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Conquer the Darkness
by Estie Stavsky Florans
It was at a quarter after ten in the morning when I received
the phone call that would change my life forever.
I have no doubt as to the exact time. I had just placed a
cake in the oven and closed the door with a satisfied
smile. I glanced at the large grandfather clock that was sitting
on the china closet, thinking happily and contentedly about
how much I had accomplished in the last forty minutes or so,
when quite suddenly the telephone rang. I wiped my hands on
my apron, walked casually over to the telephone table and
picked up the receiver.
As shocked as I was when I heard the caller's voice, I
recognized it immediately. We spoke for approximately three
minutes. In a mild daze, I calmly replaced the phone on its
cradle, then slowly and thoughtfully returned to the kitchen. I
began to wipe the counter carefully and deliberately, as if each
protracted movement could stop the hands of the clock from
As I heard the rhythmic sound of the second hand gyrating
around the clock, the calmness began to leave me. The old
familiar feelings and fears started to return. What will we say to
each other? What could we say, I wondered anxiously, not
believing that this was happening after all these years. I could
not restrain my thoughts from racing ahead, and could not
control the tension that threatened to overwhelm me. It was a
relief, however slight, that the children were out with my
husband at the time and would not have to meet her. To have
her visit when the children were home would have only made
this awkward situation even more difficult than I already
anticipated it would be.
I started to rush about nervously, picking up toys and
various other items. Dovid's rubbers from the night before
were in the hallway. I quickly pushed them aside. Tzviki's
castle of blocks with the cute little "menchies" inside and
around it would have to go. I remember sighing as I recalled
how hard he had worked at building it that morning, and knew
how disappointed he would be to find it gone. I'll explain the
situation to him later on in the day, I reassured myself, and
knew that even though he was only four years old he would
understand. Ruchi, oh, my sweet little Ruchella, I thought, as I
glanced down at the neat circle of dolls in the living room,
waiting for their little "mommy" to come home and make a
Pesach seder for them. I will help you set them up again, I
silently promised my little daughter. Eli's truck, Dini's Big
Wheel, the tall and elegant eucalyptus plant standing so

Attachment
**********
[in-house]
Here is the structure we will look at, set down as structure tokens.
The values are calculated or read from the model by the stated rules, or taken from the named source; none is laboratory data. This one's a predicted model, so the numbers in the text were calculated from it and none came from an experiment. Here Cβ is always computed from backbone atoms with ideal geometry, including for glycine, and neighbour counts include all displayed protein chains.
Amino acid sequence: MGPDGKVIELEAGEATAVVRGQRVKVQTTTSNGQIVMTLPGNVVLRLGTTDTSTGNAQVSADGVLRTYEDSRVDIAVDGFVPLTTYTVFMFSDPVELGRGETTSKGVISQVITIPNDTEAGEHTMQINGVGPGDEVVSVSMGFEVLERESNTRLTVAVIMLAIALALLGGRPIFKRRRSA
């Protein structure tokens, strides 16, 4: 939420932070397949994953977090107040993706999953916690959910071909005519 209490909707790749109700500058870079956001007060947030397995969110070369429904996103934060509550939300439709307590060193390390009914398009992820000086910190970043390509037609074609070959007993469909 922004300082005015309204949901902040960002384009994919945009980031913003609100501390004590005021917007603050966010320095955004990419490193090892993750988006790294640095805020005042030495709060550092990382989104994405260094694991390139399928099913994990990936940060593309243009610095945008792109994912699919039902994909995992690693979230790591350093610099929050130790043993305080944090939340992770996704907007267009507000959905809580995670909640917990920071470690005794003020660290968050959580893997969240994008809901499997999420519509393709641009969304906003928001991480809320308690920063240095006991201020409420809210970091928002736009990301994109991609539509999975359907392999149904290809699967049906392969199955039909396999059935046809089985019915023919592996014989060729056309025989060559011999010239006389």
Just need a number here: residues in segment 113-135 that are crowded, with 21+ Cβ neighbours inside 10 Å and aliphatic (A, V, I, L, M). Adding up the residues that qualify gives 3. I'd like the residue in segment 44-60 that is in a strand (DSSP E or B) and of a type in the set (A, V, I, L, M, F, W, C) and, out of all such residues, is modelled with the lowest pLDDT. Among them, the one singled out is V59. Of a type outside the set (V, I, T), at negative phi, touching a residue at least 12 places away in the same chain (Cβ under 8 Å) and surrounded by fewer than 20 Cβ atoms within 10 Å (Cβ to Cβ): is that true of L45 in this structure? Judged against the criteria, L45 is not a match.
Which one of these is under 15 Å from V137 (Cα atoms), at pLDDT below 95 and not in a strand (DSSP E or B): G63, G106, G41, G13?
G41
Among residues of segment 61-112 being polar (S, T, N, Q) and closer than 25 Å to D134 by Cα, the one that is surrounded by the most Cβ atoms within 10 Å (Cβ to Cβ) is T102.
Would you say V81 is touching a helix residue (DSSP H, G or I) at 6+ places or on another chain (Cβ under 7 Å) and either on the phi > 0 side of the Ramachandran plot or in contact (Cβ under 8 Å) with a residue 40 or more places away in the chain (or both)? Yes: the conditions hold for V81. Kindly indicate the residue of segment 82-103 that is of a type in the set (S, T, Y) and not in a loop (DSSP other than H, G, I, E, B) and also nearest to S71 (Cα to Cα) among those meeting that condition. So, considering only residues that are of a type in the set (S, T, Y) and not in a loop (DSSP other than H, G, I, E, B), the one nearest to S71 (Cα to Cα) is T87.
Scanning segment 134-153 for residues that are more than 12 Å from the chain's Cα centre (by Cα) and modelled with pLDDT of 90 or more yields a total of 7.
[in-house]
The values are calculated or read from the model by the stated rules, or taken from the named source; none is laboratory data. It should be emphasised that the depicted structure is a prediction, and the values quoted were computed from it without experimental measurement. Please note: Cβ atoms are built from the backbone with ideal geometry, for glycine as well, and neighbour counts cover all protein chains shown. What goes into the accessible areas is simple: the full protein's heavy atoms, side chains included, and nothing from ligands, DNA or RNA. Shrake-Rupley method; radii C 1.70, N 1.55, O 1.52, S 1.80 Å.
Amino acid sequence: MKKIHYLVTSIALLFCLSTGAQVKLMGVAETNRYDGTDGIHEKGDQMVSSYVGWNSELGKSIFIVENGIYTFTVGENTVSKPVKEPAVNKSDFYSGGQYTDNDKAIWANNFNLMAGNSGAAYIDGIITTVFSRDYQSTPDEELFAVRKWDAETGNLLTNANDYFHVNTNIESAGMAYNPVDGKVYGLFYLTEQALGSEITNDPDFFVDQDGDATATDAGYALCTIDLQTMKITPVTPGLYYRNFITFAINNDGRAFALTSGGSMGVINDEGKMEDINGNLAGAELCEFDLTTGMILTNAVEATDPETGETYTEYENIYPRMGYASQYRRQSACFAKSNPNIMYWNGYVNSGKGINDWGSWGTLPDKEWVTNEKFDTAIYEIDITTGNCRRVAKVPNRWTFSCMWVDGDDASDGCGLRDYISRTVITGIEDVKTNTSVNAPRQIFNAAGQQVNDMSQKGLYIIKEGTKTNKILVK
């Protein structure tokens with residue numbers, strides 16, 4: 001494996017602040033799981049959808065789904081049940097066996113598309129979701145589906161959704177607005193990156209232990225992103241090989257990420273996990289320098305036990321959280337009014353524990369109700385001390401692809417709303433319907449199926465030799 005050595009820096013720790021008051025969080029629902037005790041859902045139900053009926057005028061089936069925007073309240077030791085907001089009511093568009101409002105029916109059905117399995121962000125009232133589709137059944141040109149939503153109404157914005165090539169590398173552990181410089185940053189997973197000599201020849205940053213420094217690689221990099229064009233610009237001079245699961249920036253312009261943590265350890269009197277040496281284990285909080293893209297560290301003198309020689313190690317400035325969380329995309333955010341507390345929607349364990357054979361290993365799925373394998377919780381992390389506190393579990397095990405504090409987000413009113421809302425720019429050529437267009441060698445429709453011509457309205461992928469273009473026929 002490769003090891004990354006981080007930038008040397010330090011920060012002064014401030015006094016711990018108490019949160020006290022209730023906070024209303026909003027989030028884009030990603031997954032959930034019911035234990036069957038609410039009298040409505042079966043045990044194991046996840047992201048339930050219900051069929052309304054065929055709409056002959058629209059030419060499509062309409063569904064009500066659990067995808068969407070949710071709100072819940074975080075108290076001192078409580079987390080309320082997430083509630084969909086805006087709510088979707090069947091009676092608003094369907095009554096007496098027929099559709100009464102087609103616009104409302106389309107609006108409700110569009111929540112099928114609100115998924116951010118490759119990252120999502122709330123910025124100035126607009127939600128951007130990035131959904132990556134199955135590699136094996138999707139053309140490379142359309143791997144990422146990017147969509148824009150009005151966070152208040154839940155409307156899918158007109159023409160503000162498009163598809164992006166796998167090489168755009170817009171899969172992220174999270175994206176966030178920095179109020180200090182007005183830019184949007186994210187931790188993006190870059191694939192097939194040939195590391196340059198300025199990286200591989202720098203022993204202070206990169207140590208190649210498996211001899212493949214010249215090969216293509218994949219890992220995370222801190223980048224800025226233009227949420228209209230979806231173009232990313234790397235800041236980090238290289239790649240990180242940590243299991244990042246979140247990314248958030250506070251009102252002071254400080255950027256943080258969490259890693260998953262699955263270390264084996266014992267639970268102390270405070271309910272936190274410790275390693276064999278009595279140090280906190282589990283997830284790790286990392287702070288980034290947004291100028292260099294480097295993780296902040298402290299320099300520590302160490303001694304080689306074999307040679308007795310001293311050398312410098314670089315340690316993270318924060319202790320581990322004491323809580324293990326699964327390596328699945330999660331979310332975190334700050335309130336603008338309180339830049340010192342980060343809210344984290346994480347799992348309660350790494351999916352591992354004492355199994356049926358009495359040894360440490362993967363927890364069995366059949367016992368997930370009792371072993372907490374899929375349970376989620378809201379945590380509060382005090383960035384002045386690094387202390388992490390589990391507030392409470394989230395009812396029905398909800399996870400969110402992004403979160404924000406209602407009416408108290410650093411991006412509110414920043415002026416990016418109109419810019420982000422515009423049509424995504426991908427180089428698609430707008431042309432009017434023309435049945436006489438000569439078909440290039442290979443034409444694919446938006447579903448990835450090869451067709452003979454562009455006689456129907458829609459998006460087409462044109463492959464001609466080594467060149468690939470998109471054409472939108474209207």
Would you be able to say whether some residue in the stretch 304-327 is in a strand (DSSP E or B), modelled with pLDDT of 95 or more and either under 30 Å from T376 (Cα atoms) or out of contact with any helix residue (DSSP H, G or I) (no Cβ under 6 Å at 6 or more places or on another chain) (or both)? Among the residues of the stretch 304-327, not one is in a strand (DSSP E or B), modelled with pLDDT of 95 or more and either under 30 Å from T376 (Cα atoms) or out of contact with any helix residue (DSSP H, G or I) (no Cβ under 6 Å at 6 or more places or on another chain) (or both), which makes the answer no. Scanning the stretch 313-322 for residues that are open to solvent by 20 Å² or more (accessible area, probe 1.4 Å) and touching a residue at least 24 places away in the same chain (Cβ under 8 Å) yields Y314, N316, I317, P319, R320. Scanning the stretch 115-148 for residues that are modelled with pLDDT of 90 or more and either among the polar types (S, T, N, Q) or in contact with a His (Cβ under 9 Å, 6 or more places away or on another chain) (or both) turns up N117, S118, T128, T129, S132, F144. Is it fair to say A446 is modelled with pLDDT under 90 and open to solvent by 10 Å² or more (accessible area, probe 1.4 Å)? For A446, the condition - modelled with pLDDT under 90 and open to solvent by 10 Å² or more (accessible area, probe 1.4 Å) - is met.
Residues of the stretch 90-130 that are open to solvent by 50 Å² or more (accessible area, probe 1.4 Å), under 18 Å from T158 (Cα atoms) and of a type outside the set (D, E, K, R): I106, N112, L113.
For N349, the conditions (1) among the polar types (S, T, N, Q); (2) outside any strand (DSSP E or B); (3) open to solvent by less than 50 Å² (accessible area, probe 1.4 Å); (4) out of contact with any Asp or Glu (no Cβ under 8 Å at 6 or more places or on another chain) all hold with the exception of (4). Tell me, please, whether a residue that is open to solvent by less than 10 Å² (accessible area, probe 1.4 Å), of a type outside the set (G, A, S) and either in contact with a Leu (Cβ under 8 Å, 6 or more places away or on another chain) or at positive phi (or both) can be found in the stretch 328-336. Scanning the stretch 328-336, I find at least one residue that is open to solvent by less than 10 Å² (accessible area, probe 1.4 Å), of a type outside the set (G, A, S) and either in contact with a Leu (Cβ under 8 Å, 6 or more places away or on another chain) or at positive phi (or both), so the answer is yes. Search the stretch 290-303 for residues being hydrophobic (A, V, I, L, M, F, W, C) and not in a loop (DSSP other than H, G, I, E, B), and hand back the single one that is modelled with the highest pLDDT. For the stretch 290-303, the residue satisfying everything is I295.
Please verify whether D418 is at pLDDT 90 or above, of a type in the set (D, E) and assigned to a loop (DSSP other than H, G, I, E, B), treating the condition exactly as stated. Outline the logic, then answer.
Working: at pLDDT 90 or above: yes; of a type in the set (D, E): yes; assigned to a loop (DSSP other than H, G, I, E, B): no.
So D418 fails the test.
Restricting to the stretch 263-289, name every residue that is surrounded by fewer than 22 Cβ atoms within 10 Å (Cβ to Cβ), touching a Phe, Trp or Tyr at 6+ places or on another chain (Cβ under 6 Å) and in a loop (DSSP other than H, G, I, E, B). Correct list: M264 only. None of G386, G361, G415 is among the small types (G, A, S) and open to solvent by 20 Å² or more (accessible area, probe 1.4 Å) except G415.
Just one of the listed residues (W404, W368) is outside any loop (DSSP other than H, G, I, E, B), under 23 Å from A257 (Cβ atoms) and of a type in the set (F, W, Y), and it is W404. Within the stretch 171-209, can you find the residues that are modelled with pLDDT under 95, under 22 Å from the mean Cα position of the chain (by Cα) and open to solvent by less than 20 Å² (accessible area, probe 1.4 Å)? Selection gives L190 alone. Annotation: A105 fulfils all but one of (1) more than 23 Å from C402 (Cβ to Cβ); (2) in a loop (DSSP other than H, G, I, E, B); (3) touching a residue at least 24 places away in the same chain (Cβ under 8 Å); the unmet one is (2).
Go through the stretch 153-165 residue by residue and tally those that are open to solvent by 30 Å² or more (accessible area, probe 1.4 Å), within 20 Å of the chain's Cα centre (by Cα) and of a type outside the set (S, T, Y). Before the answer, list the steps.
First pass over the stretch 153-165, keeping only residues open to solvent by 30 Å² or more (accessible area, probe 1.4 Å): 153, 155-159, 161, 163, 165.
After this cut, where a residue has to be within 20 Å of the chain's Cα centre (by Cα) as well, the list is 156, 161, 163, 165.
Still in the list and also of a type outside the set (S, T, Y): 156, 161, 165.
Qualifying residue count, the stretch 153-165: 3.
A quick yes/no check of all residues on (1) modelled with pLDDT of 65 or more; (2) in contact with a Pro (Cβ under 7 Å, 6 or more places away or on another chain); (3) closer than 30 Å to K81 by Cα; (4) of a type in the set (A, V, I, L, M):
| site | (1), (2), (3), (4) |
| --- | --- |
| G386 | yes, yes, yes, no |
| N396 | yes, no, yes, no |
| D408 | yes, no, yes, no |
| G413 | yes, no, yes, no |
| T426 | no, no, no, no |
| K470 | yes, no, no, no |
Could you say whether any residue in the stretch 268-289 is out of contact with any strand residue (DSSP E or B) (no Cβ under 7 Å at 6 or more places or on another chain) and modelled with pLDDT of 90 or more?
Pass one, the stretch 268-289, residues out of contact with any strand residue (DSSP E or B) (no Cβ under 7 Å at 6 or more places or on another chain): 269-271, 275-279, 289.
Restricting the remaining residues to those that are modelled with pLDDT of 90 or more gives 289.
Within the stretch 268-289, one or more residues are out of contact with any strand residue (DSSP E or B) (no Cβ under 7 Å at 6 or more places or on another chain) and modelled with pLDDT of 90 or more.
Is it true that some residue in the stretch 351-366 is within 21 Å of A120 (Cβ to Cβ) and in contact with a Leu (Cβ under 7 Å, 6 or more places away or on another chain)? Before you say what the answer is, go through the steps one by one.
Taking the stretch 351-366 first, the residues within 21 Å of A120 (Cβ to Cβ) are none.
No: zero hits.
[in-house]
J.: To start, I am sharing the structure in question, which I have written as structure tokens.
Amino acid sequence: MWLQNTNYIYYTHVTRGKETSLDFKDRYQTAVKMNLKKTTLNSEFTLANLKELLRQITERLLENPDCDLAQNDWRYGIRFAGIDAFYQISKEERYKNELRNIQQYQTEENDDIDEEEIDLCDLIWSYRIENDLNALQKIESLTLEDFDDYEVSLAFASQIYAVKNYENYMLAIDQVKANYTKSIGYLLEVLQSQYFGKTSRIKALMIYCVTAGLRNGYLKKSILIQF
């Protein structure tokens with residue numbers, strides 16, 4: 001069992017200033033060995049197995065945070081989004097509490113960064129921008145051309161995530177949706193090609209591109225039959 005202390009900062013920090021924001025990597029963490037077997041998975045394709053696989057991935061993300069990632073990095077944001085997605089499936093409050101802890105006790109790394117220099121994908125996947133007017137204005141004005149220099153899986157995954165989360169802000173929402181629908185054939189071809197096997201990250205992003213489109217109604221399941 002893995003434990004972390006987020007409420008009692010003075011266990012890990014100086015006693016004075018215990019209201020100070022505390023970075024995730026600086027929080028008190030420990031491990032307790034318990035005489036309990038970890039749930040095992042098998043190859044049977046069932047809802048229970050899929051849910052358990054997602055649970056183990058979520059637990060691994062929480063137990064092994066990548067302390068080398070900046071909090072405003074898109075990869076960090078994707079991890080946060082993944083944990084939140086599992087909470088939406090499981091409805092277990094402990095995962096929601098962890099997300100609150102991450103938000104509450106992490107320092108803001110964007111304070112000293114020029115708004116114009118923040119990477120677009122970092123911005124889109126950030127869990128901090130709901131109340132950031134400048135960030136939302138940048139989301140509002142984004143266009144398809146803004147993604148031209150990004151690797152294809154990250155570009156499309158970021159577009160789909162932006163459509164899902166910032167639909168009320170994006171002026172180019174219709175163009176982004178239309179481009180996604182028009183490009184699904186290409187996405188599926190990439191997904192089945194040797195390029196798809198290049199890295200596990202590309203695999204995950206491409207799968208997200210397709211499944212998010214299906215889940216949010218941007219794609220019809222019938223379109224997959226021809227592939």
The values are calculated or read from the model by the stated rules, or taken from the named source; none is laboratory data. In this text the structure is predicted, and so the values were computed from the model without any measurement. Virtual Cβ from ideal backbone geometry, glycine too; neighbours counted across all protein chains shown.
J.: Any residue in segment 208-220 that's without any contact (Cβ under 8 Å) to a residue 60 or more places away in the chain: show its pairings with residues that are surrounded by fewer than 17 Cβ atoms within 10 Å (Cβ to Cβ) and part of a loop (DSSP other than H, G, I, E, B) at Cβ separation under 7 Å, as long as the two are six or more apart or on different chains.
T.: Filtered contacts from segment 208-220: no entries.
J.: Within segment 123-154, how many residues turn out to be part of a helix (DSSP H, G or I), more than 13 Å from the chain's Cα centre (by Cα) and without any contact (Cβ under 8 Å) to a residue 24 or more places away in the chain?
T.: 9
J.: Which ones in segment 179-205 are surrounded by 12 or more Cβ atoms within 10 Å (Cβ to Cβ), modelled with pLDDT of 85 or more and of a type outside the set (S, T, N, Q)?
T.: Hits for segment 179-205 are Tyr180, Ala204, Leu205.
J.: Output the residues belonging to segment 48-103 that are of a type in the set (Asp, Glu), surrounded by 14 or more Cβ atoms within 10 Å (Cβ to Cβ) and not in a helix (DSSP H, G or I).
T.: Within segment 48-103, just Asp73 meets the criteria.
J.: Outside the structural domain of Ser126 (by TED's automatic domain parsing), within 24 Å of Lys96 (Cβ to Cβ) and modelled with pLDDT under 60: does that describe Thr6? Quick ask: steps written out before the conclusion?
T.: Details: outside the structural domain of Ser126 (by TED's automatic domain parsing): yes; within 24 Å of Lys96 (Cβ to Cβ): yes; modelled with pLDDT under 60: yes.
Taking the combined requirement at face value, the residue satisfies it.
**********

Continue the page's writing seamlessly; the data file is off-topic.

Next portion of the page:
proudly near the doorway ... I quickly and efficiently moved
everything and anything that might be in her way out of the
I kept thinking fondly of my darling children, and how
disappointed they would be when they came home and found
their neat little lives upset. I reassured myself that I would do
all that I could to protect them and make things right again.
My eyes hurriedly scanned the living room for any other
obstacles that might encumber her path, and stopped short at
the sight of the children's play table right in the center of the
room. How can I have forgotten that, I silently admonished
myself. That will surely be in her way! I carefully pushed the
table against the wall and sat down awkwardly on one of the
children's chairs to catch my breath.
I looked across the living room towards the dining room
table and I saw the yahrzeit licht. How coincidental that she
should be coming on this very day, I thought. And then I
reminded myself that nothing is coincidental. Who knows?
Maybe it was destined for us to be together on this yahrzeit
day. At the very least, I thought guiltily, it would certainly give
us something to talk about. I rose slowly to get a closer view,
but all I could think of was that SHE was coming.
I stared at the yahrzeit candle.
The flickering flame danced on the tip of the wick. Its yellow
and blue hues were mirrored in the surrounding glass, giving
the impression that it was not one flame but many, all wearing
identical costumes, all dancing the same dance.
I stared at the yahrzeit licht and I remembered . . .
The world seemed pretty perfect, just then, as I sat
on the fence with one foot intertwined in the gate
to keep myself from falling, and the other foot
dangling carelessly. The Catskill sun shone down
brightly on us and I felt a soft warm wind lift my hair.
"Isn't it just great?" I said to my best friend, Nechama, who
sat beside me sharing both the view of the sleepy lake and my
ice cream cone. "I can't believe it, I'm really an aunt. I still can't
"Oh, I believe it all right," she answered between licks. "You
have not stopped talking about your new nephew for even a
second in the last forty-five minutes, Tante Renie."
"That's right. I didn't even think of that. What will he call
me? Maybe he should call me Dodah Renie, or how about
Tante Rena?" I said thoughtfully, "Or how about . . ."